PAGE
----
Cleveland Police Officer James Hummell has been officially terminated for internal charges related to a random drug test in 2018, the City of Cleveland announced Monday evening.
In his termination letter
, signed by Safety Director Karrie Howard, Hummell was found guilty of two internal counts: failing a drug test and carrying a firearm in a police vehicle while under the influence.
As was reported
in 2019, Hummell had been criminally charged for having cocaine in his system and having a firearm while intoxicated. City prosecutors dropped the charges for unknown reasons.
Cleveland Police spokeswoman Jennifer Ciaccia told Scene Tuesday that in this case, as in other internal investigations, the administrative review began after the criminal case had been adjudicated. Both the criminal charges and the internal review stem from the same drug test in August, 2018.
Two bits of context are worth mentioning here.
One: Hummell's termination follows closely on the heels of a scathing report by Federal Consent Decree Monitor Hassan Aden, which found that former Safety Director Michael McGrath was systematically lenient in meting out punishment to police officers.
The report found that McGrath almost always opted for the lowest punishment available on the Cleveland Police "disciplinary matrix" and rarely provided rationale for these decisions. He was particularly unwilling to punish dishonesty in officers.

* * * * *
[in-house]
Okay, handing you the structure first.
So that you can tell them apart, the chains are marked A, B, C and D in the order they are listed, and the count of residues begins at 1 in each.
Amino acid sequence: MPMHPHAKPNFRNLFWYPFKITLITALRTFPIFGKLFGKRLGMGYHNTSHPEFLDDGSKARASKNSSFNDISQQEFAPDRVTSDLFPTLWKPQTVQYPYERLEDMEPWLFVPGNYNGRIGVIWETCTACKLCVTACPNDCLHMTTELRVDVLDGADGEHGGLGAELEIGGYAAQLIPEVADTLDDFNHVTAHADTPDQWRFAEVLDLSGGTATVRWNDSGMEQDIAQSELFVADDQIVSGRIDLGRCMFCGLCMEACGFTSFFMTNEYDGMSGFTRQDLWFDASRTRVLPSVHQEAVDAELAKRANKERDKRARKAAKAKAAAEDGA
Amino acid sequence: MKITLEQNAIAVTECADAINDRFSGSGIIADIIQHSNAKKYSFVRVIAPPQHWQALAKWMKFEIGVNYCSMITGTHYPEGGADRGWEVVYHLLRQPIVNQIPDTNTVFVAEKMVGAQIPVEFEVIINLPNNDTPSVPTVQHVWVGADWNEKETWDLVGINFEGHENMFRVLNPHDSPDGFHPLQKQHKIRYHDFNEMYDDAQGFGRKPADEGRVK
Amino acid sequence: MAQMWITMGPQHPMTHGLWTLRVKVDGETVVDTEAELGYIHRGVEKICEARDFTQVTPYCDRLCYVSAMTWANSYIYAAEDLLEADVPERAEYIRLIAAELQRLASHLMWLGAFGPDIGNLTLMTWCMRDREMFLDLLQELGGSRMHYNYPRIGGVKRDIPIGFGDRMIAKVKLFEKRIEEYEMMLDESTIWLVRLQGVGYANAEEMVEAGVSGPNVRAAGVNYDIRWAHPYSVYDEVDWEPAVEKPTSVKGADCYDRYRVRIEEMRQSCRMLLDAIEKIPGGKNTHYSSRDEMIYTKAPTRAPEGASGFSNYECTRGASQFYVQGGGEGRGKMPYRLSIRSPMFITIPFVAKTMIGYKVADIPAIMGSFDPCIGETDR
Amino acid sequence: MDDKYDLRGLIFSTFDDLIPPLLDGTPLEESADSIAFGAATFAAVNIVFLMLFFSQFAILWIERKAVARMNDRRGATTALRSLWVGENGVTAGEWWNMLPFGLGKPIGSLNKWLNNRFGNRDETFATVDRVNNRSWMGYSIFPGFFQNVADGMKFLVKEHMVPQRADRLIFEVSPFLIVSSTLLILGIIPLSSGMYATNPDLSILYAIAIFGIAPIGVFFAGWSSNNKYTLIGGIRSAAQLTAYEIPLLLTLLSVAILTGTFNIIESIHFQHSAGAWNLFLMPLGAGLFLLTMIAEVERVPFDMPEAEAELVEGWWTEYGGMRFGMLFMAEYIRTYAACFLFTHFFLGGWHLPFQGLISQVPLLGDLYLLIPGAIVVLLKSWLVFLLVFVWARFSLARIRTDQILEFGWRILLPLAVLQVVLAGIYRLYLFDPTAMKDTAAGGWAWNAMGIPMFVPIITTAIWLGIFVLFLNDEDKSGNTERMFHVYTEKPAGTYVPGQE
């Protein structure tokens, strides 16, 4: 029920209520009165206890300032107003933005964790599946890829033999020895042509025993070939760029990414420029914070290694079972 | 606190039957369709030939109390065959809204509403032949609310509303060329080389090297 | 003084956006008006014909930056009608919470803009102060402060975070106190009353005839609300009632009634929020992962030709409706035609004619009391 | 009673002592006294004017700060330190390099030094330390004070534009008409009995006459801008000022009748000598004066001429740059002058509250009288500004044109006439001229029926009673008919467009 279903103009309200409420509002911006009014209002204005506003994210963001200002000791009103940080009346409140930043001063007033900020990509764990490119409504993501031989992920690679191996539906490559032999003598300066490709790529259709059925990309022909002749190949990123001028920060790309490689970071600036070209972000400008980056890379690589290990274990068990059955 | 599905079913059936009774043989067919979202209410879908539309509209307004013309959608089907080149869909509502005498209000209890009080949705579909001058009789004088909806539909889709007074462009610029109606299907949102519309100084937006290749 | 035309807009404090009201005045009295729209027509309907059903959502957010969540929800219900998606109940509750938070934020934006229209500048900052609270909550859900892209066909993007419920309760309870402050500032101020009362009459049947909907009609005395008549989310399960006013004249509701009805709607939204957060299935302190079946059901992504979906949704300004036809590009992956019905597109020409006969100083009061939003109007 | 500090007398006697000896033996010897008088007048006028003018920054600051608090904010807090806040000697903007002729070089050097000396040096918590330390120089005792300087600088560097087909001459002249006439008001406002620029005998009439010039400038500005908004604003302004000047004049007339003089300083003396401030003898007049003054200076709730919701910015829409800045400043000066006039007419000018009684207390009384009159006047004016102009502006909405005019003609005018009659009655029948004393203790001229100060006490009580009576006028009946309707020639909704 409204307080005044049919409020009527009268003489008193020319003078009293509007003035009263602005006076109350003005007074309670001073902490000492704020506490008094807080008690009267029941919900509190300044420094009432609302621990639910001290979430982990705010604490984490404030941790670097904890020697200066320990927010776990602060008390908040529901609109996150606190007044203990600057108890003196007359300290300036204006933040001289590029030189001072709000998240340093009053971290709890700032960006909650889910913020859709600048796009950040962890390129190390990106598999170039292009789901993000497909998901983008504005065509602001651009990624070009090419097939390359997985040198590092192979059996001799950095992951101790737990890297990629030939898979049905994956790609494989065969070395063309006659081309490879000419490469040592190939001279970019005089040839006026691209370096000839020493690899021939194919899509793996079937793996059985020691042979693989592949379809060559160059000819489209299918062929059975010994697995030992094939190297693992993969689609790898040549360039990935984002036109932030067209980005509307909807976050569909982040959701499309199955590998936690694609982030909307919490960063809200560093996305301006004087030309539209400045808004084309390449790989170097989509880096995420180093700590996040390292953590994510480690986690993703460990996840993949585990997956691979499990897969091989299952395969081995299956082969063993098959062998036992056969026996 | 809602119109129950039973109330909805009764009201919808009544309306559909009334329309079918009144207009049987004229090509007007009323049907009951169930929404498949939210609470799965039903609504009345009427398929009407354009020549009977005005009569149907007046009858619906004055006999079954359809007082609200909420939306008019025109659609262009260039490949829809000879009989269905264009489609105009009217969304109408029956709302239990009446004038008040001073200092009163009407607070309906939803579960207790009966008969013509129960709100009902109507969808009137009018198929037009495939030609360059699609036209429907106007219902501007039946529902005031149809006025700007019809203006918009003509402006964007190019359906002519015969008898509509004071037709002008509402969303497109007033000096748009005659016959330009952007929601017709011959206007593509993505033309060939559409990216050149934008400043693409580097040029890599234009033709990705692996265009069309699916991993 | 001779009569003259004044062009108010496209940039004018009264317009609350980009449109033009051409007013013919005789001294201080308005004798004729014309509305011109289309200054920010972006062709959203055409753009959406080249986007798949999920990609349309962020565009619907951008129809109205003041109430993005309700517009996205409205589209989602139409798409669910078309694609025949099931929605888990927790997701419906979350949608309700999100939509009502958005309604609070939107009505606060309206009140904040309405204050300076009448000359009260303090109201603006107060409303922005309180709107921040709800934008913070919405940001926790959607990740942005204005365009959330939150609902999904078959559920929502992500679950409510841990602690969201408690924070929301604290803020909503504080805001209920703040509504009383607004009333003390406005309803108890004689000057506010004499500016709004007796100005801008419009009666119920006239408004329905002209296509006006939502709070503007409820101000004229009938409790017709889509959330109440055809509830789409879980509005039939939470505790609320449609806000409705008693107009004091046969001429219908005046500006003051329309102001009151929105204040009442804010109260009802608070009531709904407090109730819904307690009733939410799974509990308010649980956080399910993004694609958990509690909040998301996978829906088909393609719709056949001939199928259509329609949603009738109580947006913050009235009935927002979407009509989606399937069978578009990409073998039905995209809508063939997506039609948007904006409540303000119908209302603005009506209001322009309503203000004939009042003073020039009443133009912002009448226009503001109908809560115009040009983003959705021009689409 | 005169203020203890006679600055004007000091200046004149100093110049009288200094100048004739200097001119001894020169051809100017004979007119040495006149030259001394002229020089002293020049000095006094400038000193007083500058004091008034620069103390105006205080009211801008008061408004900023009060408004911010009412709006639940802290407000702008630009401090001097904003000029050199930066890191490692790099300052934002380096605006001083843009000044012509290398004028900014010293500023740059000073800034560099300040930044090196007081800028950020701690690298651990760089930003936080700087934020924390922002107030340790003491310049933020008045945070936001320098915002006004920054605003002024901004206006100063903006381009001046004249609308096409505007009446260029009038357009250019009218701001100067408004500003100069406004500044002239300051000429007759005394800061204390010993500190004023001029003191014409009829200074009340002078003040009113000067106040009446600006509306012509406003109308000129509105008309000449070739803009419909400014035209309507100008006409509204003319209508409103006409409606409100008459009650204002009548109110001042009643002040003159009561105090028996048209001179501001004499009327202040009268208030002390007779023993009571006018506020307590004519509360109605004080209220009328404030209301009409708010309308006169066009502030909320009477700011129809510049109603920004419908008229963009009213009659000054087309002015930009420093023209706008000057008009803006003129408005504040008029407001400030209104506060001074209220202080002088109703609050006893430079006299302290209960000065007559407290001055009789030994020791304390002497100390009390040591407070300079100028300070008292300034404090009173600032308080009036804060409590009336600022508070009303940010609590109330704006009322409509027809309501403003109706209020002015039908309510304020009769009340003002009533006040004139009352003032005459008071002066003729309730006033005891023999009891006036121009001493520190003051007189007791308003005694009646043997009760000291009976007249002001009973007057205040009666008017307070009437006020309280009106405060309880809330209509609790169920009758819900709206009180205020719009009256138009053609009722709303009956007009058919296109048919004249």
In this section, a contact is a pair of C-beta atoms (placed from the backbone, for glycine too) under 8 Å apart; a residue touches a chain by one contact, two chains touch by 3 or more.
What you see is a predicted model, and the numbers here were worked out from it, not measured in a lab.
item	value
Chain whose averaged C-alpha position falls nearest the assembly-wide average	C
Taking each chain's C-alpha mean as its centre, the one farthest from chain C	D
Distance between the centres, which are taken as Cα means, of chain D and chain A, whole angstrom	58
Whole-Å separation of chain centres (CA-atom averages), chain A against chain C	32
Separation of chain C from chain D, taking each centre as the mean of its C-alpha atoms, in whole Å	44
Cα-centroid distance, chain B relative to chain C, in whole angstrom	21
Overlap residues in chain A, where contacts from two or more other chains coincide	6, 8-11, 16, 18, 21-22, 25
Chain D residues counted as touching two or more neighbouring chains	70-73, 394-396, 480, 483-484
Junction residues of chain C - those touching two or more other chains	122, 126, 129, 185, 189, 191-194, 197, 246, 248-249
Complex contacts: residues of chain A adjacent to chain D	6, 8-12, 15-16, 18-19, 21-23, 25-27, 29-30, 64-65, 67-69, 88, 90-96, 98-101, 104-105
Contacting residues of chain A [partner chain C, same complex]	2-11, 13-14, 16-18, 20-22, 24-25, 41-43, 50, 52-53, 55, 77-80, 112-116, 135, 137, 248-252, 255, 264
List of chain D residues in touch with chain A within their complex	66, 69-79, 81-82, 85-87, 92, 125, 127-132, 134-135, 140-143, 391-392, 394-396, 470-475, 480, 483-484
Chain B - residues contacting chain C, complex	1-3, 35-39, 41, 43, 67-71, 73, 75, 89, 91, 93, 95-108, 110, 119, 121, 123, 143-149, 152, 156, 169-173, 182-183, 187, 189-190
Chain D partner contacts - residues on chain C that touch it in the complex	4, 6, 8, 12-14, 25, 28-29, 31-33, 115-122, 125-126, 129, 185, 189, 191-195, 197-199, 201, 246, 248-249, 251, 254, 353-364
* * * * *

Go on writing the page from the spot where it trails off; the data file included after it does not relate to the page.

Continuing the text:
McGrath's serial inability to hold his own officers accountable, according to the Monitor, made it impossible to repair relations between the community and the police. In sharp contrast with the report, Mayor Frank Jackson has long defended McGrath specifically because of his ability to hold police accountable. Jackson even promoted McGrath after the #137shots scandal in 2012 because, he said, without McGrath, there would have been no internal accountability.
Current Safety Director Karrie Howard, no doubt aware of McGrath's shortcomings and the Monitor's watchful eye, may be eager to prove that he's unafraid to adhere to the disciplinary matrix. In Hummell's termination letter, Howard said he agreed with the hearing officer — a hearing was held in June — and that aggravating factors included multiple Group III violations (the most severe) in the same incident and a "presumption of termination for members who test positive for [redacted, but presumably cocaine.]"
The second is that Hummell was in the lead police cruiser for much of the infamous chase of Timothy Russell and Malissa Williams which resulted in the #137shots murders on Nov. 29, 2012. In an official interview with the Ohio Bureau of Criminal Investigation later that year, Hummell expressed discomfort
with CPPA Union President Jeff Follmer, who'd advised him to keep quiet about his belief that the lengthy pursuit was likely started by a backfiring vehicle.
Hummell was first hired by the Cleveland Police in May, 2001. Before his drug test results, he had been a basic patrol officer in the Second District. He has been on restricted duty during his administrative review.
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